A series of recent industry articles and expert interviews describe how bad the current automotive business is.
They say that not only is our business in bad shape, but forecasts call for sales to worsen before we see any improvement.
According to many of these reports, if you are a domestic dealer, well, who knows? A consensus forecast of new vehicle sales for 2007 is somewhat of an oxymoron since published industry forecasts range from a low of 15.9 million units to a high of 16.7 million.
Yet dealers have shown time and again that they are fighters and survivors. Some of them thrive in the tough times.
Early in my career, I recall a successful dealer friend commenting: “There's nothing I like better than a good recession.” I asked if he were joking.
He told me he was serious for the following reasons:
First, business conditions forced him to make needed changes (i.e., eliminate the fat in his organization in order to excel).
Second, he felt his operation could gain market share in a “down market” because he had positioned himself to do business. Specifically, his used-vehicle inventory was fresh and clean, so his position was liquid allowing him the chance to be aggressive with his new-vehicle business.
Third, his fixed operation was aggressive and profitable allowing him a high percentage of fixed coverage.
I'm not suggesting we should be or are headed toward a recession.
But if the predicted impending slowdown of new vehicle sales does happen, it will force us to do the things we know are needed sooner than later. Remember the adage: “Good habits are developed in bad times and bad habits are developed during good.”
Although 2006 vehicle sales were off compared with the prior year, they still topped 16 million for the eighth straight year. Before that, sales had reached the 16-million mark only once, in 1986.
So, even if total-unit sales do decline in 2007 to the median forecast of 16.4 million units, the retail portion of that number should be fairly consistent with 2006, considering the announced reduction in planned fleet sales by the domestic manufacturers.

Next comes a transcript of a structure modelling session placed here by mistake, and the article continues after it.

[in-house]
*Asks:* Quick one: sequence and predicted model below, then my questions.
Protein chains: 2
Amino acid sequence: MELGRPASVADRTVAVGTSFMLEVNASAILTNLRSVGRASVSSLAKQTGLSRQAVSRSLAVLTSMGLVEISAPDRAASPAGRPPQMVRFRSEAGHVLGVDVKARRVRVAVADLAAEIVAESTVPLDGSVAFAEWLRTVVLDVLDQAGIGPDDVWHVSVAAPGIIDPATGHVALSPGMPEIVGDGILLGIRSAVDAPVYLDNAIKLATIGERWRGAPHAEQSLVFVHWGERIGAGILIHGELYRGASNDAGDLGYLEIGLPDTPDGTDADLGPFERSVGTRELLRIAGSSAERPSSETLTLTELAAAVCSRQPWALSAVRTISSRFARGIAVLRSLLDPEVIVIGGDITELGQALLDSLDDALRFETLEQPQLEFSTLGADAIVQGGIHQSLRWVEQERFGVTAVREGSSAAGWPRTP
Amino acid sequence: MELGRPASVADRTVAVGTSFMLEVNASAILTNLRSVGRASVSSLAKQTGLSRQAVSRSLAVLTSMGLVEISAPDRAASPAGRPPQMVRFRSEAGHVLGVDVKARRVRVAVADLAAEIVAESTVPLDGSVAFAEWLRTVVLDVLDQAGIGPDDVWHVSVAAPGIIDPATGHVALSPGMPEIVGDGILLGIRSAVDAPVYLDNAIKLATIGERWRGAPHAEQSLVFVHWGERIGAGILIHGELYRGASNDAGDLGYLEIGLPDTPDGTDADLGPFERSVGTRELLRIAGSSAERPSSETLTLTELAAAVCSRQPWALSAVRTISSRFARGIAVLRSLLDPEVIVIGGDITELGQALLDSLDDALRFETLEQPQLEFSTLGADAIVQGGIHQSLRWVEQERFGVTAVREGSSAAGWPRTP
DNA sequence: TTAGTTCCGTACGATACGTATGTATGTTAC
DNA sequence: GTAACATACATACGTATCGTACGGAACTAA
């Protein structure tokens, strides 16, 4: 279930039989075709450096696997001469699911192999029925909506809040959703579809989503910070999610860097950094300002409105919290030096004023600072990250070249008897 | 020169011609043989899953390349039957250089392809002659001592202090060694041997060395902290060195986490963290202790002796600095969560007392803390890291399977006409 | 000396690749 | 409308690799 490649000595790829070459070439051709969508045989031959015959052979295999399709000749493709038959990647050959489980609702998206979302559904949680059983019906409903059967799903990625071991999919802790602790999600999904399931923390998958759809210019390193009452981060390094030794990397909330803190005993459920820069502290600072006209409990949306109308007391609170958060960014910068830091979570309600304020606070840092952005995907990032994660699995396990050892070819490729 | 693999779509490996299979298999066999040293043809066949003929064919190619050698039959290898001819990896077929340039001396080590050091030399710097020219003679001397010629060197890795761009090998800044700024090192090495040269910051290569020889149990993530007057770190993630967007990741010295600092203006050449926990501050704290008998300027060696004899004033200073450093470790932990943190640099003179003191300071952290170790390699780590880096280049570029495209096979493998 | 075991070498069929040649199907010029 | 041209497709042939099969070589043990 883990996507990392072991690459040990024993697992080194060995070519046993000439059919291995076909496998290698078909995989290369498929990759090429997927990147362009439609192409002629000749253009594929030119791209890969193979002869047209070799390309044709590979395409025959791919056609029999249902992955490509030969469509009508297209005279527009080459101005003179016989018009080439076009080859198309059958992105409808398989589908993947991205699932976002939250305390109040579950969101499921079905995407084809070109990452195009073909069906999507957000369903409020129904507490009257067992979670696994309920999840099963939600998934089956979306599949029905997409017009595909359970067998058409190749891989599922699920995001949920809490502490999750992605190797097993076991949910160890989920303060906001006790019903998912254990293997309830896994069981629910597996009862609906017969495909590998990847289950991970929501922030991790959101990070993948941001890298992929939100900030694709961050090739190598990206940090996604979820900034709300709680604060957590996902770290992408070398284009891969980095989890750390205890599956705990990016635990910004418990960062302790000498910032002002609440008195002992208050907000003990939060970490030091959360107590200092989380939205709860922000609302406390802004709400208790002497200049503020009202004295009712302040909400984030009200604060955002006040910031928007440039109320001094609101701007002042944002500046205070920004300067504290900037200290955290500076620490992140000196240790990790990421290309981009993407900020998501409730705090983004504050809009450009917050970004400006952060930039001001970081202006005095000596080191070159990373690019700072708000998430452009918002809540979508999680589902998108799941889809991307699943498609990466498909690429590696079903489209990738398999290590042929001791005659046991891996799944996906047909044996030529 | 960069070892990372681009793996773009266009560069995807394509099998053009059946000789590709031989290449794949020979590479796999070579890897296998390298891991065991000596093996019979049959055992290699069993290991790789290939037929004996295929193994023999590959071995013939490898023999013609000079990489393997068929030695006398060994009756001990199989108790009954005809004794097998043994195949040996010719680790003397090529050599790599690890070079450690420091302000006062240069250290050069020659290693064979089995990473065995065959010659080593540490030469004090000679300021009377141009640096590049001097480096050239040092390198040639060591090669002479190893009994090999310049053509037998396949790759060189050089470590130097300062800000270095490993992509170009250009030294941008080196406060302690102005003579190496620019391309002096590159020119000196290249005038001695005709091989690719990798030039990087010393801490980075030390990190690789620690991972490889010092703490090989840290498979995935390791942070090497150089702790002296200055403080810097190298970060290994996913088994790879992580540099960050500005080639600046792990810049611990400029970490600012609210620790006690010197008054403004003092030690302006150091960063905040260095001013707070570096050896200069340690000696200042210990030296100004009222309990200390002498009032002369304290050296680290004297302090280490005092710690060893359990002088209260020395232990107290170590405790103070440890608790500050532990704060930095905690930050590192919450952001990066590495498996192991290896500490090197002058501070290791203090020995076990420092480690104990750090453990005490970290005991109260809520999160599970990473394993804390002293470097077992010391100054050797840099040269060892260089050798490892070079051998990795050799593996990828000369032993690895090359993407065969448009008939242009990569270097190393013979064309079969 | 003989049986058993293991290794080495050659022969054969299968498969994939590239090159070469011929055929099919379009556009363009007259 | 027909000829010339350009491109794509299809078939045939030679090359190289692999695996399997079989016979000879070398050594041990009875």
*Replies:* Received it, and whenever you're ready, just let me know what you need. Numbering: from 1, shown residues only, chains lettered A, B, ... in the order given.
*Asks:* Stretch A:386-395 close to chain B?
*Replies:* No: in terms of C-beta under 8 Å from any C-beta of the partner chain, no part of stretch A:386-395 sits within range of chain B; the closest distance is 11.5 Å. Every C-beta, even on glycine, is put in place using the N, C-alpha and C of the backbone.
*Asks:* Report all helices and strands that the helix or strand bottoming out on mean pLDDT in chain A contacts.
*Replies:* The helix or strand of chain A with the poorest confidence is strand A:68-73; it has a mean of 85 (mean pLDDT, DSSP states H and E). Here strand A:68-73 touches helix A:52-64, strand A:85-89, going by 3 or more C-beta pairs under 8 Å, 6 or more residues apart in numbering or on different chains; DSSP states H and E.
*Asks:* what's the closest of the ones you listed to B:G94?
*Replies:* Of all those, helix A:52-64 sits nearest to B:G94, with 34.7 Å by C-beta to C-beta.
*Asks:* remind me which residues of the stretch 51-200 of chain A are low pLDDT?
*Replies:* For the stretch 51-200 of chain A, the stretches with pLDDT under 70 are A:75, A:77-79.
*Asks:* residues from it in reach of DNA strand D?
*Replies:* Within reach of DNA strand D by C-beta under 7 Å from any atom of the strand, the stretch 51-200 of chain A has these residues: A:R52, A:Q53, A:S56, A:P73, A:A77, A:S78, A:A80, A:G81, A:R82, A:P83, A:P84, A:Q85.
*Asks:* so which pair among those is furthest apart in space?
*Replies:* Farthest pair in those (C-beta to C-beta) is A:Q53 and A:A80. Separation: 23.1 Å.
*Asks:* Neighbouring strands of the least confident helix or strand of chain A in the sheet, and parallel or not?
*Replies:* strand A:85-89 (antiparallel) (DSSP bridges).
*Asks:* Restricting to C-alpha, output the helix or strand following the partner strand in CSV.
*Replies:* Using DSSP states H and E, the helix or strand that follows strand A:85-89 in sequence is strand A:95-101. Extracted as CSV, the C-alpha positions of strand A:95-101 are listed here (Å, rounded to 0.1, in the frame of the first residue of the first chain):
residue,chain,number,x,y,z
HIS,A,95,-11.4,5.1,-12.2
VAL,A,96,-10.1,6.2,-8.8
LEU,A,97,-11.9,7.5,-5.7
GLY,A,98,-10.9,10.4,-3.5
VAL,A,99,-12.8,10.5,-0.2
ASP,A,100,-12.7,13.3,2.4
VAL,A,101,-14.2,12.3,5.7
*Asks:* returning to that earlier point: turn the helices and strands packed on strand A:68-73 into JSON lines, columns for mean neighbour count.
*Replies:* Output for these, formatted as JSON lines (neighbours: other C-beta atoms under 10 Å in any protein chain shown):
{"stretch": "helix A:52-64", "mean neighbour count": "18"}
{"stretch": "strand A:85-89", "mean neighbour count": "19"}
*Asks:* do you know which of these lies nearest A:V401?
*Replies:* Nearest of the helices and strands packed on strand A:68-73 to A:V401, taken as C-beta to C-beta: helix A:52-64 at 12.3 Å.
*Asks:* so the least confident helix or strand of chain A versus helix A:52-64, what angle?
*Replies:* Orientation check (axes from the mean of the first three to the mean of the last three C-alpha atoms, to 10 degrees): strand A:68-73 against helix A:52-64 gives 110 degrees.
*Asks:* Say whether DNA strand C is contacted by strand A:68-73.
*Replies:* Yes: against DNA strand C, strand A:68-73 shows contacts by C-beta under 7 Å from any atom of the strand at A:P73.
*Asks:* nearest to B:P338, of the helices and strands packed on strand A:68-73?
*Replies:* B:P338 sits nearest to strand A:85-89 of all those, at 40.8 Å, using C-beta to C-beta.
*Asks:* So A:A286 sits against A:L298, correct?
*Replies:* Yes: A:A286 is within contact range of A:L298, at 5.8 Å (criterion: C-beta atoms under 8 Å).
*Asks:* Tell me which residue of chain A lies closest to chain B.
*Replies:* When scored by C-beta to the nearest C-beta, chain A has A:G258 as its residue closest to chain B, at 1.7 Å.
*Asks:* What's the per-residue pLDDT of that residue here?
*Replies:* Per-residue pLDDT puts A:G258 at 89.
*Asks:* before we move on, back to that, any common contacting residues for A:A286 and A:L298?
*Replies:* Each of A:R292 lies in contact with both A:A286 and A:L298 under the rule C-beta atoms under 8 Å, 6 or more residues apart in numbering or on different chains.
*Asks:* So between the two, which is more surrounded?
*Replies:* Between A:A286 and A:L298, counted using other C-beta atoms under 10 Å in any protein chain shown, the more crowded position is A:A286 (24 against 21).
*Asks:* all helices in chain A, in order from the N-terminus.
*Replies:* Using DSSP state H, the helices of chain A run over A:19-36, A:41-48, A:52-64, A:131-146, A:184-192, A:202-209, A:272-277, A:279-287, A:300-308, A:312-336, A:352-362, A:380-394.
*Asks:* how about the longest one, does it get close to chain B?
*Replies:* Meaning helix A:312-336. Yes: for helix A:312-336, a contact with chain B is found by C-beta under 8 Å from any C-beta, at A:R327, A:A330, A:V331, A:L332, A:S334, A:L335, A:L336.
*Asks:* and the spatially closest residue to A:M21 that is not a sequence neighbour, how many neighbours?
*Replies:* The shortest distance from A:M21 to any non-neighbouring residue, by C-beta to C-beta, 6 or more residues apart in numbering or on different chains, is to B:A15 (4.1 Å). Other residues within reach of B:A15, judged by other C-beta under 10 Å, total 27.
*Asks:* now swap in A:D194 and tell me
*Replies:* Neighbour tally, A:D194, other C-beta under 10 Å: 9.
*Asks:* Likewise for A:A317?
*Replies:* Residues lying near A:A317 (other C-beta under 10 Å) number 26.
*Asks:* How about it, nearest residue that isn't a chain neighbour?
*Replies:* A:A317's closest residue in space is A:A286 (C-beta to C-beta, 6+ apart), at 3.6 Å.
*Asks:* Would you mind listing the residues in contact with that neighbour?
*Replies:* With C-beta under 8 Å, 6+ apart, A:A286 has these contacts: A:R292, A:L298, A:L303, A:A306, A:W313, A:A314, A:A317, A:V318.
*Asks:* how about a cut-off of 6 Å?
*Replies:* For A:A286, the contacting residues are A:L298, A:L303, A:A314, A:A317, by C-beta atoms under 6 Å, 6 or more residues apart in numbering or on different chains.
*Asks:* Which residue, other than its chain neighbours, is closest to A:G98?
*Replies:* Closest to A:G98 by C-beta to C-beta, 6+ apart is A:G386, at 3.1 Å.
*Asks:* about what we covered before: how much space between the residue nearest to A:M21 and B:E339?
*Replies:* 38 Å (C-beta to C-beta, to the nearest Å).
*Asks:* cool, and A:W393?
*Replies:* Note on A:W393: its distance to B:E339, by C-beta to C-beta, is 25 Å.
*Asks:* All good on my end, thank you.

Besides the new-vehicle market, don't forget other opportunities.
For example, used vehicles, in total, again outsold new vehicles by 2.6 to 1 (42.5 million used to 16.5 million new) in 2006.
With increased new-vehicle dealer success in the certified vehicle market and the increasing sub-prime market, there is tremendous upside potential for many dealers.
According to used-vehicle industry research by CNW Marketing Research, new-vehicle franchised dealers' percentage of total used-vehicle sales were 34.7% in 2003, 35.5% in 2004 and 32.9% in 2005.
What about the service and parts business, and the opportunities that exist for the average new vehicle dealership?
Many customers defect from the dealership service department after their warranties expire. Considering the average number of units in operation per dealership, isn't there a way for us to increase our penetration rates, and lure back customers who have defected and are not utilizing our services for whatever reason?
My overall point is there are numerous opportunities available to us if we only concentrate on and make them a priority. Each new vehicle is sold by a dealer. So doesn't it stand to reason that we should have the lion's share of the business when that once new vehicle is again sold as used, and doesn't the same theory apply to vehicle services?
The Chicken Little falling-sky theory is not applicable to our business today or in the foreseeable future.
But this might the time to step back, take a look inside your business and then look outside to see if there are potential opportunities.
Tony Noland is the president and CEO of NCM Associates Inc. He is at email@example.com.